Pioneer of the Year's 'roots run deep'

By Sara Bruestle | Aug 14, 2013
Photo by: Sara Bruestle Madeline LaBeau Kuykendall is the 2013 Pioneer of the Year.

When Madeline LaBeau Kuykendall smells the salt water and seaweed of Mukilteo, she knows she’s back home.

“When I smell the shoreline with all the old seaweed hanging around, it just invigorates me,” she said. “I come alive inside. I’m home.”

Kuykendall is the 2013 Mukilteo Historical Society Pioneer of the Year, chosen by MHS members as a way to commemorate the history of Mukilteo.

Her memories were recorded on video during an MHS meeting at Rosehill Community Center on Aug. 8.

Last year’s Pioneer of the Year was Marlene “Tudy” Scheller Erickson.

Kuykendall, 89, not only grew up in Old Town and has many childhood memories she’s able to share, but her Mukilteo roots run deep: Her mother was one of the four daughters of Louis and Mary Foster, who operated the Bay View Hotel in Mukilteo in the early 1900s.

“It’s often easy for people in Mukilteo to go along in their daily lives and not really think about what went on here in the past,” MHS member Ann Collier said. “Picking the Pioneer of the Year is a way to remind people of the history of the town.”

Kukendal jokes that the stork didn’t bring her – she came to Mukilteo by train three days after she was born. She was adopted on Oct. 6, 1923, by parents Louis and Kate LeBeau and was raised in a house on the corner of 5th and Loveland.

Growing up, Kuykendall and her brother Malcom “Frenchie” LaBeau and sister Kathleen LaBeau Mortimer had the freedom to roam all of Old Town. When the Crown Lumber mill whistle blew, they knew it was time to come home.

Her father worked for the Crown Lumber Co. until it closed in 1930.

Kuykendall remembers swimming at the beach in the summers, if Alma “Ekie” Ek was there to lifeguard. If she was lucky, her mother would give her 10 cents to buy a hot dog at the Ferry Lunch where Ivar’s is today.

“Ekie patrolled the beach,” Kuykendall said. “Lo and behold, if you didn’t obey Ekie, the next day you didn’t get to go. That was it. If she said that you had misbehaved, there weren’t any ifs, ands or buts about it.”

She also remembers how Charlie Hurd would set up bonfires and host cookouts on the beach, with salmon, potatoes and corn on the cob. He would cook it all in a trench lined with seaweed, rocks and sand.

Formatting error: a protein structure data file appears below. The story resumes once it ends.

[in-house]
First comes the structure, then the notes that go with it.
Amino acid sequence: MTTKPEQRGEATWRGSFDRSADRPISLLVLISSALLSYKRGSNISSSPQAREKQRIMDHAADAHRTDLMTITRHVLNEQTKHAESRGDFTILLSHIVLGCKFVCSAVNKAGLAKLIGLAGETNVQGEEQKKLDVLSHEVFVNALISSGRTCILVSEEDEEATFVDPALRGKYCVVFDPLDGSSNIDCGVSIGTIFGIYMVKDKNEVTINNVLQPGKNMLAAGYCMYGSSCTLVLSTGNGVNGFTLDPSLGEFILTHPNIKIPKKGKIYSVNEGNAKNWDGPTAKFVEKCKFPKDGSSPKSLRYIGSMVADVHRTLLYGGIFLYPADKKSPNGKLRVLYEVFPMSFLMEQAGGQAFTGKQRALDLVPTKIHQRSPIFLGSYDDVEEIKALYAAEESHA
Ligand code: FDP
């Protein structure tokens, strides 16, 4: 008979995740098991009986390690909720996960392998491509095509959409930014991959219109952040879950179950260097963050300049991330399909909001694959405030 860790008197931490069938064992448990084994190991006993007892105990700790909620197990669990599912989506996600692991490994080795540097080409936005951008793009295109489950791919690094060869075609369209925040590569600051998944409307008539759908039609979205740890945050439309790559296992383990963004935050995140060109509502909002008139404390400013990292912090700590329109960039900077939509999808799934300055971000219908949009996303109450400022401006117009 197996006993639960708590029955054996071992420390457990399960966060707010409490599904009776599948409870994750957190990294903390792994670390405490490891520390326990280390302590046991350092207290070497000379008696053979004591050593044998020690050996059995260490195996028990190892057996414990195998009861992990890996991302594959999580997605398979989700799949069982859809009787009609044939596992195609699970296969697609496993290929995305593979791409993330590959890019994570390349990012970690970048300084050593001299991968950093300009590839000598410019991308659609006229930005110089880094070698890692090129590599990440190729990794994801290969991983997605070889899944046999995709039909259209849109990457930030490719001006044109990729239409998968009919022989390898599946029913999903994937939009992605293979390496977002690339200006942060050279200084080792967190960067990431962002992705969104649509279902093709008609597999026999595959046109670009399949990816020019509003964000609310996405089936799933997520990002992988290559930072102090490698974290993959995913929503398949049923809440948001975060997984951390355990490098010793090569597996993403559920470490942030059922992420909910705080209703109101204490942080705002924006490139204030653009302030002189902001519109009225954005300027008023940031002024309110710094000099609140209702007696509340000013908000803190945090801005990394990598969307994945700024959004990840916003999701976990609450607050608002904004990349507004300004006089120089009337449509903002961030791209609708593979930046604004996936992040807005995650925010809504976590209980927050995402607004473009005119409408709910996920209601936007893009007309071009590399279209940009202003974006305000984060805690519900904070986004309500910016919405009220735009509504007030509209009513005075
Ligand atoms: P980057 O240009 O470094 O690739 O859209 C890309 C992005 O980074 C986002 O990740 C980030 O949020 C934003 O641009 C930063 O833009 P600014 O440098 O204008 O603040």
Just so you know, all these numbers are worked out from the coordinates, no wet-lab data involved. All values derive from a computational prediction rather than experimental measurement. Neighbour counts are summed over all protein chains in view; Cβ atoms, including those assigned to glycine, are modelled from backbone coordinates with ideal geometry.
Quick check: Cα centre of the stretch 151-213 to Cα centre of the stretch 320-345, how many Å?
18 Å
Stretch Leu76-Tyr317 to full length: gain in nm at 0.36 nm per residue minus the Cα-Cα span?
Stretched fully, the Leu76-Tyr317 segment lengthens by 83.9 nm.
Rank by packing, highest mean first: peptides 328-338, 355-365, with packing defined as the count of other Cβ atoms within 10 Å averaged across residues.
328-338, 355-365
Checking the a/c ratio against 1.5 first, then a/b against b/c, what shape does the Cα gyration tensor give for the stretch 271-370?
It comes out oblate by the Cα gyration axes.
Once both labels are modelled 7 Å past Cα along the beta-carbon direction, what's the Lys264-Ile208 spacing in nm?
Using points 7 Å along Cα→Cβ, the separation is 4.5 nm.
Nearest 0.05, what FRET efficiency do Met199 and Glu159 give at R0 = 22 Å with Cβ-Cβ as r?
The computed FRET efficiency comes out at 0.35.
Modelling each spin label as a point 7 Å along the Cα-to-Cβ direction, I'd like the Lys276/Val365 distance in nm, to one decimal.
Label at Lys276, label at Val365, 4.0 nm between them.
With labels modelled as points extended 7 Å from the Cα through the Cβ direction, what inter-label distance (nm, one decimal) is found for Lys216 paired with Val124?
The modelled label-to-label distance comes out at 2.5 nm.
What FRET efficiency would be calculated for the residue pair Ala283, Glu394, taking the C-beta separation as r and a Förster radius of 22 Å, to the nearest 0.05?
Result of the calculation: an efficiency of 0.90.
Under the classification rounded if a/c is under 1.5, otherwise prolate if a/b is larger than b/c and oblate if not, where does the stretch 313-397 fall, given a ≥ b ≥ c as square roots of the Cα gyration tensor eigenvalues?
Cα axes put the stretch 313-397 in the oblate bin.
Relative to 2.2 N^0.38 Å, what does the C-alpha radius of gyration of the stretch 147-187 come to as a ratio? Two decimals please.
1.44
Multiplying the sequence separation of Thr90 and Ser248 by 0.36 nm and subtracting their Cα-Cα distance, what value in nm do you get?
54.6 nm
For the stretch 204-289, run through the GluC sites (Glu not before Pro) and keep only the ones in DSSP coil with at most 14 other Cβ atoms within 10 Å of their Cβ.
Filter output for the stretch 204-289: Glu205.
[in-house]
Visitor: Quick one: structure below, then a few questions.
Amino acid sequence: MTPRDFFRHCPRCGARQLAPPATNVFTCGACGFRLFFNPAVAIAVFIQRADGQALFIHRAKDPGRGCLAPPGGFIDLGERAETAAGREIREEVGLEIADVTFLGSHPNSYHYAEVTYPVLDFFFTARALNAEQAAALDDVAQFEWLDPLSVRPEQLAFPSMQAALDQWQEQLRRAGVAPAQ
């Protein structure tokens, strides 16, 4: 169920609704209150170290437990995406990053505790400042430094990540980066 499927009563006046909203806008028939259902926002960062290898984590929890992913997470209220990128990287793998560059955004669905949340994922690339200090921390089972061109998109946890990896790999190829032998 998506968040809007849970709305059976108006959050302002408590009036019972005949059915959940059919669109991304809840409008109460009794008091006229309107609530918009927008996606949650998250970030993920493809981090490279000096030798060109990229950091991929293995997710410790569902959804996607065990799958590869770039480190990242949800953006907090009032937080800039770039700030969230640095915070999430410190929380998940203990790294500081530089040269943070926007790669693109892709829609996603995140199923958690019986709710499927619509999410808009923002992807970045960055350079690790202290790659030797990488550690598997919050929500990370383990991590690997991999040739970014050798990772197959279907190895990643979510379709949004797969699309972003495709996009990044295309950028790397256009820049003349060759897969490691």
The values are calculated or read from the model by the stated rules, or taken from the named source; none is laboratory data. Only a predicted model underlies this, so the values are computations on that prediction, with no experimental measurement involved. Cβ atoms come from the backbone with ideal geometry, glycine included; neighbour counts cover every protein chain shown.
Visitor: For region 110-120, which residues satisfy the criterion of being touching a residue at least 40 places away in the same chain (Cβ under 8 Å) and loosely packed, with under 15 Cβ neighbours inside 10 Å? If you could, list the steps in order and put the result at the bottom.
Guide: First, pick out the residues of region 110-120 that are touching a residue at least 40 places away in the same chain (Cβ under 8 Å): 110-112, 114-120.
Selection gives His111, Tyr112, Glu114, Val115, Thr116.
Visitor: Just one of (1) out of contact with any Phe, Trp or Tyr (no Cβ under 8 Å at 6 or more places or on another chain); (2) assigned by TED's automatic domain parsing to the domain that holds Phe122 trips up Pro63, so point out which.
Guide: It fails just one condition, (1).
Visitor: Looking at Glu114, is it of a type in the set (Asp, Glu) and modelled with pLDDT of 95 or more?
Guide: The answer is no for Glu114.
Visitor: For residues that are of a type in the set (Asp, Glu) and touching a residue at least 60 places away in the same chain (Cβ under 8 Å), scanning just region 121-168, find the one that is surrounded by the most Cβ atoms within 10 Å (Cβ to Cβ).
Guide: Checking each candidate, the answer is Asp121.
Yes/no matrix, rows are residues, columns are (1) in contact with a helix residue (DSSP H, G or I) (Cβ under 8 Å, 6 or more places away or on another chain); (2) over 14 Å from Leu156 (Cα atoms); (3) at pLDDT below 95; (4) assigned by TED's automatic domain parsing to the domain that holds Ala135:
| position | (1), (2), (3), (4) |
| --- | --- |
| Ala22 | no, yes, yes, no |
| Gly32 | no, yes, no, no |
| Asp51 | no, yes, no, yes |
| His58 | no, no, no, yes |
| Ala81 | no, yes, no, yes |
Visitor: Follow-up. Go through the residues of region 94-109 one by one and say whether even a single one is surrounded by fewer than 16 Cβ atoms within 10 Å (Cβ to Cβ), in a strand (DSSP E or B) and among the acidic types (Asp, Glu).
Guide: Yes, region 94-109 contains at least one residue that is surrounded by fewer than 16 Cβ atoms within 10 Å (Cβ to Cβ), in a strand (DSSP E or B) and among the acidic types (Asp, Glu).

“There’s nothing that tastes so good as salmon and some baked potatoes,” she said.

Also in the summers, Kuykendall remembers walking up Nelson Hill – now 84th Street S.W. – to pick strawberries. Two or three Nelson families had houses there and a strawberry farm. She would pick the berries and get paid per box or flat.

“We’d go out there and pick strawberries, maybe 2-3 times a week,” she said. “You could even pick some for your family.”

Then there were the tea parties with the neighborhood kids at Elsie Zahler’s house, Tude Richter’s aunt. She would set the table with her finest China, as if the kids were her honored guests.

Sometimes the kids would get rowdy and break a teacup or saucer, but “Aunt Elsie” wouldn’t mind.

“She wouldn’t even turn a hair,” Kuykendall said. “She would just clean up the mess and go on. She taught me that people are far more important than things.”

Kuykendall started first grade in the new Rosehill School, built in 1928, in the six months after the first Rose Hill School had been destroyed by fire. After ninth grade, she attended Everett High School.

In high school, Kuykendall remembers going to the Mukilteo observation tower for her shift to report plane sightings for the Volunteer Observer Corp during World War II. She said Mukilteo changed with the war.

“We all spent time up there watching for airplanes,” she said. “We had to recognize the airplane silhouettes and all that. We all took our turn up there.”

At Northwest Bible College in Seattle, she met her first husband, Virgil Dickinson. They were married in 1943 at Mukilteo Presbyterian Church, just three blocks from the LaBeau house.

“I love to come up here and stay at the Silver Cloud, because I know I swam right down there as a kid,” said Kuykendall, who now lives in Hillsboro, Ore. “I could jump right out my window if the tide was in and have a swim.

“That’s where Ekie was. You could go down there and spend all day.”

Kuykendall will ride in the Mukilteo Lighthouse Festival parade on Saturday, Sept. 7, and will be honored in a ceremony at the lighthouse at 3 p.m. that day.

Comments (0)
If you wish to comment, please login.